In the event, we were tucked over on the right hand side of the range. Coupled with the dip in the range and some tree cover, this minimised the effect of changes at 300x and 500x; however back at 600x a careful eye was needed to avoid the occasional wind change which could have taken a shot out of the very tight bullseye. I was delighted to put them all in with solid vee counts at all three ranges to take the highest score on the range by a couple of vee bulls.

While the shorts had gone well, it was obvious that the long ranges in the afternoon were going to be a bit trickier. The wind didn't look like it was dying down and the bullet would be much more exposed to the wind with the additional elevation from both the range to target and the rising backslope in the back half of the range.

900x sensible group, just losing a couple out the sides to small wind errors.

1000x acceptable group, but one poor shot and a major wind error.
In the event, 900x went reasonably well and I lost only a couple of points to minor wind errors; it was nowhere near as difficult as I had feared might be the case; however 1000x would be much more taxing. Even though the angle of the wind kept the numbers relatively low, angle and strength changes produced a couple of big dropoffs during the shoot and several of us got caught for magpies and outers. Having dropped 6 points in aggregate by shot #5 I needed to go clean for my remaining ten shots to achieve an MCS. I successfully navigated a second big drop off but I let a slightly slack shot go, possibly as a result of my trying to get them away quickly to avoid another change in the aim and picked up a 4 for my 12th to count, taking an MCS with it. I stuck the final three shots in the bull to end up on 398.47, a single point short of the magical 399 score.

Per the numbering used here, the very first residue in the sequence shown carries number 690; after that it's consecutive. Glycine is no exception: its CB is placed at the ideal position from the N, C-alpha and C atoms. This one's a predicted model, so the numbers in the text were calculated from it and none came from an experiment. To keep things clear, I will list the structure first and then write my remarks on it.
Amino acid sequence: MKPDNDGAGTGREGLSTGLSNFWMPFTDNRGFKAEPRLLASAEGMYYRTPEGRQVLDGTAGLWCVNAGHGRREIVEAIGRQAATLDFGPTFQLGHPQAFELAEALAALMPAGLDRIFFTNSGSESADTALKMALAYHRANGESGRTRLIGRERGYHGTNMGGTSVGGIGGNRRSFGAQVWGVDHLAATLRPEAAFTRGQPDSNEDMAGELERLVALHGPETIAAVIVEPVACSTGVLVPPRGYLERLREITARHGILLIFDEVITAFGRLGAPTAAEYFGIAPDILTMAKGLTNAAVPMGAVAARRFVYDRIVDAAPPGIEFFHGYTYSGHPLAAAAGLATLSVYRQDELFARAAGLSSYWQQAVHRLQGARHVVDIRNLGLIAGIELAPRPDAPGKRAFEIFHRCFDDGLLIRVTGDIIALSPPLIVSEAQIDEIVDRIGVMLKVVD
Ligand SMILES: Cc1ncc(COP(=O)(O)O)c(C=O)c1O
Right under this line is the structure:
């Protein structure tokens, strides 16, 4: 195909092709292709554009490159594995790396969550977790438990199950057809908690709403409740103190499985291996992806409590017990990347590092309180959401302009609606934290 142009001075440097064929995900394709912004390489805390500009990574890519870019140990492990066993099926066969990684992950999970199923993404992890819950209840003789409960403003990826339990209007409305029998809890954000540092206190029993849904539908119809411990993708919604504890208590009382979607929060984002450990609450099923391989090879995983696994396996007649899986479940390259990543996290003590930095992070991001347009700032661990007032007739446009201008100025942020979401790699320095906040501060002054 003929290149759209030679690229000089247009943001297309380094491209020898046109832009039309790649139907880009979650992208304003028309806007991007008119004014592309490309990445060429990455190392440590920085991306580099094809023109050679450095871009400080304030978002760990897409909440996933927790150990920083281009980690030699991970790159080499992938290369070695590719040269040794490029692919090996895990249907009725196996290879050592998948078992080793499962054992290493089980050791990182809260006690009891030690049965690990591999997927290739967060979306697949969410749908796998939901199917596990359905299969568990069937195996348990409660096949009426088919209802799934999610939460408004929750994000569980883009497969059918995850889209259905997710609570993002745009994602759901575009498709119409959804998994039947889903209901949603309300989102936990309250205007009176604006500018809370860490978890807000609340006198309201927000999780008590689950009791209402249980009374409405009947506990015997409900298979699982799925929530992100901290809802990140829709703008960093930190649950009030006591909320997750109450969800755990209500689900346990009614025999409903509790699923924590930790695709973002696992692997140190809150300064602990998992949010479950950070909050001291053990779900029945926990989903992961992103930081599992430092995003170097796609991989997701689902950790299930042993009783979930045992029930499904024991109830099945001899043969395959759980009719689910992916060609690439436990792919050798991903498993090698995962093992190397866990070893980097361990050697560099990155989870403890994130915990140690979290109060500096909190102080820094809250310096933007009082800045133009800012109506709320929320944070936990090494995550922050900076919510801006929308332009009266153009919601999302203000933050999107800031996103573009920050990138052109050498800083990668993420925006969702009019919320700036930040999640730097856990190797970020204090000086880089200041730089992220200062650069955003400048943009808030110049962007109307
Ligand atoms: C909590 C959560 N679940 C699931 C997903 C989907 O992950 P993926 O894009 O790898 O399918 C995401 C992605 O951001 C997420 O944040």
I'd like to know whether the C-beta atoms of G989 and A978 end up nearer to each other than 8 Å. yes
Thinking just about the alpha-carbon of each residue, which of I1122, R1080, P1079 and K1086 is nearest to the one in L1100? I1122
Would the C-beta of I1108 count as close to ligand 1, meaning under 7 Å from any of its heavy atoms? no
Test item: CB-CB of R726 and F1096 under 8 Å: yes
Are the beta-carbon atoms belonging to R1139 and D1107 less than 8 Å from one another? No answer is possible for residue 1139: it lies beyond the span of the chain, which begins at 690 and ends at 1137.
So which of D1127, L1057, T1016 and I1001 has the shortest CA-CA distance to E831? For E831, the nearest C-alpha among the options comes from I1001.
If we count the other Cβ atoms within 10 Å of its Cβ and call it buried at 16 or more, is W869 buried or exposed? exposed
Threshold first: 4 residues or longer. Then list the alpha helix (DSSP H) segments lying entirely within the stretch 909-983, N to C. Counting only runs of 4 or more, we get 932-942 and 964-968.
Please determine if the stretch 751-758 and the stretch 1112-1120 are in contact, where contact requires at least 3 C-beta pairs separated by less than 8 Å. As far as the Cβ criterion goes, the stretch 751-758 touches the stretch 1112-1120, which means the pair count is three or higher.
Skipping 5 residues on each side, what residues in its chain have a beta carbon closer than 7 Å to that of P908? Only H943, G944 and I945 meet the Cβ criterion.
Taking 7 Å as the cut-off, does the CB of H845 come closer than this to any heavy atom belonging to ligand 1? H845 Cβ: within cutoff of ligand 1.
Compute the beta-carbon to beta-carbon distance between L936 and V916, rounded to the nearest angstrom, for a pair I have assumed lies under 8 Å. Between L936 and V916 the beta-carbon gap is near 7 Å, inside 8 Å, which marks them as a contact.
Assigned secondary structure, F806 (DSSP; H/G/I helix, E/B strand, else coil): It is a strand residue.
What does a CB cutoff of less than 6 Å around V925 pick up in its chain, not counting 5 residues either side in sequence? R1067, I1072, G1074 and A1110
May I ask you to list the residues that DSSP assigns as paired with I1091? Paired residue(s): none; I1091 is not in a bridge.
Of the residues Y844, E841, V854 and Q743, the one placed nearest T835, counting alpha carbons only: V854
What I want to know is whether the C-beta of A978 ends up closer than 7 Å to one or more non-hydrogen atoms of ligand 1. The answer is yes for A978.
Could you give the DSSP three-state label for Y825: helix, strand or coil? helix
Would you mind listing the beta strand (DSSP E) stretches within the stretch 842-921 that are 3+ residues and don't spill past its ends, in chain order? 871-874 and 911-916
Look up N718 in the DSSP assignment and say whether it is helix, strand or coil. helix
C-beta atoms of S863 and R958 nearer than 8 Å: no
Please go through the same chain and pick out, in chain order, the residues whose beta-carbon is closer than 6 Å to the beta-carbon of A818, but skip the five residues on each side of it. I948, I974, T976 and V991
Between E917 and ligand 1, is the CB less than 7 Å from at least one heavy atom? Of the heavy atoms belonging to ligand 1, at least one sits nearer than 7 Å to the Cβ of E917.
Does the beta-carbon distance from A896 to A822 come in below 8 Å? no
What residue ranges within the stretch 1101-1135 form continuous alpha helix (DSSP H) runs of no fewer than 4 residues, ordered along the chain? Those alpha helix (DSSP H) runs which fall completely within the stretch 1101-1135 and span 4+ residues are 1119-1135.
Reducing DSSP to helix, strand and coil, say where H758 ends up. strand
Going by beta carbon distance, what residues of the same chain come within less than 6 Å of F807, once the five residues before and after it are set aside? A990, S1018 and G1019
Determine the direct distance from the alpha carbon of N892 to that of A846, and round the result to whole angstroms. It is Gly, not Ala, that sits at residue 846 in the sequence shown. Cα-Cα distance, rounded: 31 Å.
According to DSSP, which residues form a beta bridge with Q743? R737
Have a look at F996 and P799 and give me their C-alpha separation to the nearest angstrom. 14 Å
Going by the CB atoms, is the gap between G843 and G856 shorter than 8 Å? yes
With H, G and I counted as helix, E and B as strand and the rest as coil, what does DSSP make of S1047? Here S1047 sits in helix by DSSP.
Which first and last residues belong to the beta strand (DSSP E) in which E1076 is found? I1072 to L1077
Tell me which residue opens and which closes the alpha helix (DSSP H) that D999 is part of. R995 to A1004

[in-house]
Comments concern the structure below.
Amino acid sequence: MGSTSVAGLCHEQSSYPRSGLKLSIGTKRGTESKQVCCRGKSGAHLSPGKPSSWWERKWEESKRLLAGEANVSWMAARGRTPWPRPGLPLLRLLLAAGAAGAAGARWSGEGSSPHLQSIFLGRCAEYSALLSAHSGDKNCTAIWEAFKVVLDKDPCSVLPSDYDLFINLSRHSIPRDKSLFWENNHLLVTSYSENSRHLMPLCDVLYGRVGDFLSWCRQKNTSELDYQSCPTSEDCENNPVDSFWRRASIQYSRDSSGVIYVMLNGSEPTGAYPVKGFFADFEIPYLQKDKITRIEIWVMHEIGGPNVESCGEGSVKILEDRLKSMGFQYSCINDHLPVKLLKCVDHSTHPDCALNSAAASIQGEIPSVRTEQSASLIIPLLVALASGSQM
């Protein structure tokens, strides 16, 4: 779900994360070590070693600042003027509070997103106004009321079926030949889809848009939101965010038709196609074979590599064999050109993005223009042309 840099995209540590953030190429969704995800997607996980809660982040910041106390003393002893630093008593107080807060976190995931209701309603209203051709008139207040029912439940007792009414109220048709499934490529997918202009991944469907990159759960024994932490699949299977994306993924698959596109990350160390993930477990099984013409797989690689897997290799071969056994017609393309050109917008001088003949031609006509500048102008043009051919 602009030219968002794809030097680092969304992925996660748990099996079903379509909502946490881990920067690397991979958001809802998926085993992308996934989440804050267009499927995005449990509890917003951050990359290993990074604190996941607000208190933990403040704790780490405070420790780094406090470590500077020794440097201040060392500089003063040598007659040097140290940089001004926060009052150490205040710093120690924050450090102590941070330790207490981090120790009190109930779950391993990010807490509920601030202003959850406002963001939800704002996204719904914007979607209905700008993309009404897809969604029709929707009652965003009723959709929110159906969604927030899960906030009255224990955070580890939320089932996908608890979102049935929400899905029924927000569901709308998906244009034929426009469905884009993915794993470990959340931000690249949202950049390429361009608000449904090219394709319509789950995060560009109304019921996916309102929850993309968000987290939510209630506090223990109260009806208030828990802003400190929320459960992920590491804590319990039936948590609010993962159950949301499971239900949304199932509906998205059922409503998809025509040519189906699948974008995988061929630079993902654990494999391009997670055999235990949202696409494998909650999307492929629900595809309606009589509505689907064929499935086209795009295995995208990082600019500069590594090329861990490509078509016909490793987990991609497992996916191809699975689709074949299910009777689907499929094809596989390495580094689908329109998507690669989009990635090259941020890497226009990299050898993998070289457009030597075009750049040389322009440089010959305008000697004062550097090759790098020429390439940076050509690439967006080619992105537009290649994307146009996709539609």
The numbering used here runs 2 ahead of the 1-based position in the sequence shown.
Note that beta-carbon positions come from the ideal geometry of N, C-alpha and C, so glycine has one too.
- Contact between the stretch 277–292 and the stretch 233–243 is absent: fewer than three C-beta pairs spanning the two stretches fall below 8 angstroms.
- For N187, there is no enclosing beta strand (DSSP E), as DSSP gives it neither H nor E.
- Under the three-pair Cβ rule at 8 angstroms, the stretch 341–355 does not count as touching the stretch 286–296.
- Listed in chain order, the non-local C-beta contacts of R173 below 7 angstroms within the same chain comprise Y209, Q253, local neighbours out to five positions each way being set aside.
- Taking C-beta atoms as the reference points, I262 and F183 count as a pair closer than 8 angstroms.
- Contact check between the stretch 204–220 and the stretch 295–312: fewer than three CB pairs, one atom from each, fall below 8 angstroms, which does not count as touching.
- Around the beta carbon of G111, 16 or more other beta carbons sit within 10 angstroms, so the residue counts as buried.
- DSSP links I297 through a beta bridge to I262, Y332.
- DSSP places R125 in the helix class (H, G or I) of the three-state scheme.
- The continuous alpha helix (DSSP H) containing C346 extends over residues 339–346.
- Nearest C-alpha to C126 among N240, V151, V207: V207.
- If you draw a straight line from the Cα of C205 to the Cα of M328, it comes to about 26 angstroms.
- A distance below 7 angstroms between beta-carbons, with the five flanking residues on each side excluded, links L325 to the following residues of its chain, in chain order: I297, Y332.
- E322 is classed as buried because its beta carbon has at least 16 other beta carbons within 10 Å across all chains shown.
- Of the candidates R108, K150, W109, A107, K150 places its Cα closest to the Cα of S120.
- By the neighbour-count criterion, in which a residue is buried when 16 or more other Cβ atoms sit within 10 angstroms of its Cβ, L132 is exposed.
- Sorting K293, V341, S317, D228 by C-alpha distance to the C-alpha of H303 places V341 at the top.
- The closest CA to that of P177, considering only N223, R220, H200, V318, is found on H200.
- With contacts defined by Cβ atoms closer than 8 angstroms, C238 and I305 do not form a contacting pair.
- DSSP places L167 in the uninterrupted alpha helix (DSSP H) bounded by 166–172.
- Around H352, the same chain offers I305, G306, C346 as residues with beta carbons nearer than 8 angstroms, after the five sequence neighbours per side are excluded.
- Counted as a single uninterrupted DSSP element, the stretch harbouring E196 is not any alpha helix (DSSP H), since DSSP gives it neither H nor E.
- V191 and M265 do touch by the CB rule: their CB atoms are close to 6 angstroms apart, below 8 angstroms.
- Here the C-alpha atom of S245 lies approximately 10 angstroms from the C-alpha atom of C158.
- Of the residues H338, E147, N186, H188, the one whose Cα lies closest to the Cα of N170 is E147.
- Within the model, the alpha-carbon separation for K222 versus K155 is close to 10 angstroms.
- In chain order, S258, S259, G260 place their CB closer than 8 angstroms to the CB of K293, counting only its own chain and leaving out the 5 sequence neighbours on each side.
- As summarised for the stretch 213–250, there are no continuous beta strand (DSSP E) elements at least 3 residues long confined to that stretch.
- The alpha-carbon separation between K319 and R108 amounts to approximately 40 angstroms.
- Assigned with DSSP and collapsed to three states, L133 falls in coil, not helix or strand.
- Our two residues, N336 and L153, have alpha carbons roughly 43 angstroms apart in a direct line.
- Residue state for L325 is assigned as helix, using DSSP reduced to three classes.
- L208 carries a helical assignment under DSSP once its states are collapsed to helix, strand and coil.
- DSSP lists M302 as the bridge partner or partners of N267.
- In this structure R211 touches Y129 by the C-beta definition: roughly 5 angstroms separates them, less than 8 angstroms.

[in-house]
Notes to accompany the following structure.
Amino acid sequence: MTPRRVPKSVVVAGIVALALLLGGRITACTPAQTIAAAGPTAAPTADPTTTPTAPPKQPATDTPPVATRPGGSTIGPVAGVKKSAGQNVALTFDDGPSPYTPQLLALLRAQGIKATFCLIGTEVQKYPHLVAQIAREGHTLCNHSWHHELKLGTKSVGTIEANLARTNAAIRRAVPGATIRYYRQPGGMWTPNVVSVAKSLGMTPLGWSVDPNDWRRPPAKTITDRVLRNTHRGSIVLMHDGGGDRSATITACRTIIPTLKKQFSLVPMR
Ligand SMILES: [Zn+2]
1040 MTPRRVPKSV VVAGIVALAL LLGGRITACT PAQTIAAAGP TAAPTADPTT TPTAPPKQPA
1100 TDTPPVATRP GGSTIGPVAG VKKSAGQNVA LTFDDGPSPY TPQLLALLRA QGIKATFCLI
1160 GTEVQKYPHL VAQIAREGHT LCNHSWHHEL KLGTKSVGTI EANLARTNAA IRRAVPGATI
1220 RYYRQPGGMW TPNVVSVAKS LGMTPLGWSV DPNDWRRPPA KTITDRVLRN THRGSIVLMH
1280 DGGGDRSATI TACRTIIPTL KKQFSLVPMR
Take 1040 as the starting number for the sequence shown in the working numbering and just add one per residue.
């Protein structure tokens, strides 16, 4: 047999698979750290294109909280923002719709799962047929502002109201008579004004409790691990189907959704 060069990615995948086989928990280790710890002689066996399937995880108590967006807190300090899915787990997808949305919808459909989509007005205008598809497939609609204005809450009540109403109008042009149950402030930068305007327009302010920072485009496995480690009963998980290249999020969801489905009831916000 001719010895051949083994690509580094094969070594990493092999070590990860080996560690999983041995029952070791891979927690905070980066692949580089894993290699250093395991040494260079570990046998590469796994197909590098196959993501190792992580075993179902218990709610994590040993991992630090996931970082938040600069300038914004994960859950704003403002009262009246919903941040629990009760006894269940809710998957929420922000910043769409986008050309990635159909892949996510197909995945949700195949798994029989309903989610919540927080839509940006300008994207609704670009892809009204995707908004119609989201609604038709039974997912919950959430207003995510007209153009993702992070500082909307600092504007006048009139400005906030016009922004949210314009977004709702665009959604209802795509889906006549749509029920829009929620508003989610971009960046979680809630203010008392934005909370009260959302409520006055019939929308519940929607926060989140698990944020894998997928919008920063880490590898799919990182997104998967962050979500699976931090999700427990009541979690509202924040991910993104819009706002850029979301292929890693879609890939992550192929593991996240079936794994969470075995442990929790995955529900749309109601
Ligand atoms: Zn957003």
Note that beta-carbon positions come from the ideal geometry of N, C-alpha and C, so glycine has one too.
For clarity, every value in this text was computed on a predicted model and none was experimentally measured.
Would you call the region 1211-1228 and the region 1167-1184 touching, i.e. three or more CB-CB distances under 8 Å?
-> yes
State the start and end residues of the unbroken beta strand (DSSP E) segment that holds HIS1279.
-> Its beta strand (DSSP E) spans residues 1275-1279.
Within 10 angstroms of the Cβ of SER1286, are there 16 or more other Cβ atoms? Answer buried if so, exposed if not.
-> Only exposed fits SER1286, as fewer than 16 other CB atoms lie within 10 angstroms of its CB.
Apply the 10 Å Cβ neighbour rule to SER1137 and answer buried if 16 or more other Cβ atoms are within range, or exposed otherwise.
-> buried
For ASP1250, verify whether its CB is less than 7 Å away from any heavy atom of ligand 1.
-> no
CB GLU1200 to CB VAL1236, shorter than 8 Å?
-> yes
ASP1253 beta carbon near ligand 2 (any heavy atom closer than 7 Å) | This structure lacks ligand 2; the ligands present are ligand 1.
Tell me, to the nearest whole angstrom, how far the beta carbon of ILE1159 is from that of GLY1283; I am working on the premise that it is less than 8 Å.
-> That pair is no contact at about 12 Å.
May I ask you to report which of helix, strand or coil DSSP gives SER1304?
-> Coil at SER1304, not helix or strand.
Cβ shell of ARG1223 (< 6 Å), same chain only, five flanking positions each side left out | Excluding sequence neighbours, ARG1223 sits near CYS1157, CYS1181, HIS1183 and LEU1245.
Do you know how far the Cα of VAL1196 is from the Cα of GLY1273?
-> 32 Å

While I didn't quite achieve my goal, I did shoot well; particularly well at short range; and there is much for me to be pleased with. I've also now got some of the CWG ammunition back in NZ to make a few measurements, establish some zeroes and check that my rifle will group at 1000x when using it. Massive thanks must go to Malcolm Dodson, Brian Carter, John Snowden, Rob Johansen and Bevan Mehrtens from the NZ CWG Squad, but most particularly to Kim Ologhlen from the Natives Rifle Club for sorting me out secure storage for my rifle and gear, and allowing me to go slightly off-piste with my course of fire during the Natives RC short range.

Kim Ologhlen from the Natives Rifle Club. A top bloke.
Well, in conclusion I've left myself some work still to do; however I've got further opportunities to shoot minimum consideration scores between now and November, and my preparations for the 2017 Imperial Meeting are looking solid. If you're going to be around on Bisley Camp for the TR meeting, I'll see you then.

 * Yes, I was nice about electronic targets. I'll cover this off in a future article.
 ** RWS Cases, Fed 210 Match Primer, 155 grain HBC Optimus bullet loaded 40 thou off the lands, with 46.5grains ADI AR2008.